Chewter History, Family Crest & Coats of Arms
The Chewter family had a variety of origins as variations of the name had several meanings in ancient England. The name could have meant "dweller at a Shoot or Shut, i.e. a narrow lane or avenue" from the Old English words "shoot" or "shut" or it could have been a name for an "archer" from the Old English word "scytta" and finally, it could have been a nickname for someone who was "quick" or "ready" from the Old English word "sceot." 
But the more likely origin of the name was as a local name from either Devon or Wiltshire.
Early Origins of the Chewter family
The surname Chewter was first found in Wiltshire at Chute, a civil parish that includes the village of Upper Chute and the smaller settlements of Lower Chute, Chute Standen, Chute Cadley and Chute Forest.
Alternatively the name could have originated from Shute, a parish, in the union of Axminster, hundred of Colyton in Devon. This place name dates back to c. 1200 when it was listed as Schieta and literally meant "the corner or angle of land."  The Old Shute House located nearby is now an impressive edifice that dates back to a simple building built in 1380. It is currently held by the National Trust. "The Shutes of Gillingham bear the name of an old Devonshire family and of a Devonshire parish." 
To confuse matters more, another source claims the family came from "the castle of Shute, in Normandy, France." 
Somerset was a stronghold of the family in early years as Kirby's Quest listed: Robert atte Shoete; Simon atte Sheote; William atte Shote; and Walter atte Shotte, Somerset as all residing there "1 Edward III," or in other words "during the first year's reign of King Edward III." 
Early History of the Chewter family
This web page shows only a small excerpt of our Chewter research. Another 178 words (13 lines of text) covering the years 1500, 1268, 1621, 1610, 1764, 1506, 1567, 1542, 1545, 1584, 1590, 1595, 1563, 1588, 1643, 1659, 1654, 1659, 1632, 1666, 1659, 1661, 1662, 1742, 1665, 1722, 1696 and 1698 are included under the topic Early Chewter History in all our PDF Extended History products and printed products wherever possible.
Chewter Spelling Variations
Spelling variations of this family name include: Shute, Chute, Chewte, Shutes and others.
Early Notables of the Chewter family (pre 1700)
Distinguished members of the family include Philip Chute or Chowte (c. 1506-1567), of Horne Place, Appledore, Kent, an English politician, Member of Parliament for Winchelsea 1542 and 1545; Sir Robert Chute, Justice of the Queen's Bench, 1584; Anthony Chute ( fl. 1590s; died 1595), an Elizabethan poet and pamphleteer; John Shute (d. 1563), an English artist and architect; Josias Shute (also Josiah) (1588-1643), an English churchman, rector of St Mary Woolnoth in London, Archdeacon of Colchester, and...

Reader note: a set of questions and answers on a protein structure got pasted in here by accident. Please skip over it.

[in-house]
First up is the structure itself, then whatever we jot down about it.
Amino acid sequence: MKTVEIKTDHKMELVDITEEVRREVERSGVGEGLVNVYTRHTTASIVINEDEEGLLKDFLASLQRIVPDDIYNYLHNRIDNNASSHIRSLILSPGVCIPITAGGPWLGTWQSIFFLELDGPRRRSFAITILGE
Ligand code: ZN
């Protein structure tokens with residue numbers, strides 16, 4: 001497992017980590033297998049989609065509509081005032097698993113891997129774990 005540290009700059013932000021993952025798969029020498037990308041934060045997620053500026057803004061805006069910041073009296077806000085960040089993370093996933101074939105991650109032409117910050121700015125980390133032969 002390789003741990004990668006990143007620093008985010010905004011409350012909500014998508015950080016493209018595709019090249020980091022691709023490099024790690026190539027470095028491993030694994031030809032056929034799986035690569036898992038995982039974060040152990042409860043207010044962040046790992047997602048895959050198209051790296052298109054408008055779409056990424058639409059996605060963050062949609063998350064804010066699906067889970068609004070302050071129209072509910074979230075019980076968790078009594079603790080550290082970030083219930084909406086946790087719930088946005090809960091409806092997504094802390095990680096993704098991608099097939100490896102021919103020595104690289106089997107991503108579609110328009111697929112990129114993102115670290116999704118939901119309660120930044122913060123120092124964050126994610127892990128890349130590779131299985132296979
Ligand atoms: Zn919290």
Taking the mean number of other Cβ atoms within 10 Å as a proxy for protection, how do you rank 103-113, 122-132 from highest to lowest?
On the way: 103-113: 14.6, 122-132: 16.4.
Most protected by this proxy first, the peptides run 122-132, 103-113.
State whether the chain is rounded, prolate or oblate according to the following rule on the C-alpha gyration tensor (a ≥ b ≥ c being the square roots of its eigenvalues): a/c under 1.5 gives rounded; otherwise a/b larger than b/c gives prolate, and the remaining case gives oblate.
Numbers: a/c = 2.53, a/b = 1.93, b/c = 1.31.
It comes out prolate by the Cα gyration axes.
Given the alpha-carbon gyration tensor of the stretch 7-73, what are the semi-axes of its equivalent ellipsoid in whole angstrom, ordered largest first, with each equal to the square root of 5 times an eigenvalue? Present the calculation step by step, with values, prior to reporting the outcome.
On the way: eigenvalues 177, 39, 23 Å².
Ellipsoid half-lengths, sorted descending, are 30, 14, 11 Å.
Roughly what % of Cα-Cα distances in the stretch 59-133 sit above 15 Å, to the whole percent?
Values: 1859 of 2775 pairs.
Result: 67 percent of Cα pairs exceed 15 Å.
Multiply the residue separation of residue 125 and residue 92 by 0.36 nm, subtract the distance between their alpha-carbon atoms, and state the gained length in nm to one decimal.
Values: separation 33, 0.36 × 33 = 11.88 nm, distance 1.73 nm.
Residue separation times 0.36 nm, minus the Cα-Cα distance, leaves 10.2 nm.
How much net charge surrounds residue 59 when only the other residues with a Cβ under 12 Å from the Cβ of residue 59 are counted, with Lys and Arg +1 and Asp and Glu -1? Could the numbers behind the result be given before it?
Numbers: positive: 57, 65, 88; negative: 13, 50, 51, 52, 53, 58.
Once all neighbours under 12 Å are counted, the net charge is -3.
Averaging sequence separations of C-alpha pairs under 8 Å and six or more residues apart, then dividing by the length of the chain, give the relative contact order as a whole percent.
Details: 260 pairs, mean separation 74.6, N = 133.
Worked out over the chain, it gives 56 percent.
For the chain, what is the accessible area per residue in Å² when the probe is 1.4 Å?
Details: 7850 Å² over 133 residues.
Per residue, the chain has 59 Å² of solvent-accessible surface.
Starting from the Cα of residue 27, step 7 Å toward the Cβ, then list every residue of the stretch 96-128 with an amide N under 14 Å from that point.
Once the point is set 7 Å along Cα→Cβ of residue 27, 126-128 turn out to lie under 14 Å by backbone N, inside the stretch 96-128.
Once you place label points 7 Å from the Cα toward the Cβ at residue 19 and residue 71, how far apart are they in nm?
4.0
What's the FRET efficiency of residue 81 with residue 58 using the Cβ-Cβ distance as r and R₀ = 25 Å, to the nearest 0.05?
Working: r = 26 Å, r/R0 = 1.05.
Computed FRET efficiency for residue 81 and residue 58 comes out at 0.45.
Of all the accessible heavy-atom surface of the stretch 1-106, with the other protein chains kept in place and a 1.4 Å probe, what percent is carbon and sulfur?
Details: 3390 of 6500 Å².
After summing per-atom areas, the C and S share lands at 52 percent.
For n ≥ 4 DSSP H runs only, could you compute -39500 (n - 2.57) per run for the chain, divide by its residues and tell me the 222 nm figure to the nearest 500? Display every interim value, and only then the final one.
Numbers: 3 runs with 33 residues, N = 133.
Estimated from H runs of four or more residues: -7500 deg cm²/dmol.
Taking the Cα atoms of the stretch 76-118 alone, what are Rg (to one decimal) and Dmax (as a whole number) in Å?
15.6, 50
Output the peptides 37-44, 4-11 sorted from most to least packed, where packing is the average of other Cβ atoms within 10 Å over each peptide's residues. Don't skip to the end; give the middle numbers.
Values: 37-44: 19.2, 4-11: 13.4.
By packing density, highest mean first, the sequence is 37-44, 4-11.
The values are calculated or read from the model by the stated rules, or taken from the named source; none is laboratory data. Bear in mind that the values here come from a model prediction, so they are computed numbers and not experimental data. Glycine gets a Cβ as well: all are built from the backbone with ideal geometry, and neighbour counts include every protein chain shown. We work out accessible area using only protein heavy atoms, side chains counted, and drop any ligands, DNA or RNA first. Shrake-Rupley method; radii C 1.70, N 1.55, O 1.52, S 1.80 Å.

Another 76 words (5 lines of text) are included under the topic Early Chewter Notables in all our PDF Extended History products and printed products wherever possible.
Migration of the Chewter family to Ireland
Some of the Chewter family moved to Ireland, but this topic is not covered in this excerpt.
Another 43 words (3 lines of text) about their life in Ireland is included in all our PDF Extended History products and printed products wherever possible.
Migration of the Chewter family
Some of the first settlers of this family name or some of its variants were: Lionel Shute from Ipswich, England, who arrived in America in 1639; he was a school master, and could trace his genealogy back to 1266; James and Hanna Shute came to Virginia in 1642.
Related Stories +
The Chewter Motto +
The motto was originally a war cry or slogan. Mottoes first began to be shown with arms in the 14th and 15th centuries, but were not in general use until the 17th century. Thus the oldest coats of arms generally do not include a motto. Mottoes seldom form part of the grant of arms: Under most heraldic authorities, a motto is an optional component of the coat of arms, and can be added to or changed at will; many families have chosen not to display a motto.
Motto: Fortune de guerre
Motto Translation: The fortune of war.
- ^ Harrison, Henry, Surnames of the United Kingdom: A Concise Etymological Dictionary Baltimore: Geneological Publishing Company, 2013. Print
- ^ Mills, A.D., Dictionary of English Place-Names. Oxford: Oxford University Press, 1991. Print. (ISBN 0-19-869156-4)
- ^ Guppy, Henry Brougham, Homes of Family Names in Great Britain. 1890. Print.
- ^ Arthur, William , An Etymological Dictionary of Family and Christian Names. London: 1857. Print
- ^ Dickinson, F.H., Kirby's Quest for Somerset of 16th of Edward the 3rd London: Harrison and Sons, Printers in Ordinary to Her Majesty, St, Martin's Lane, 1889. Print.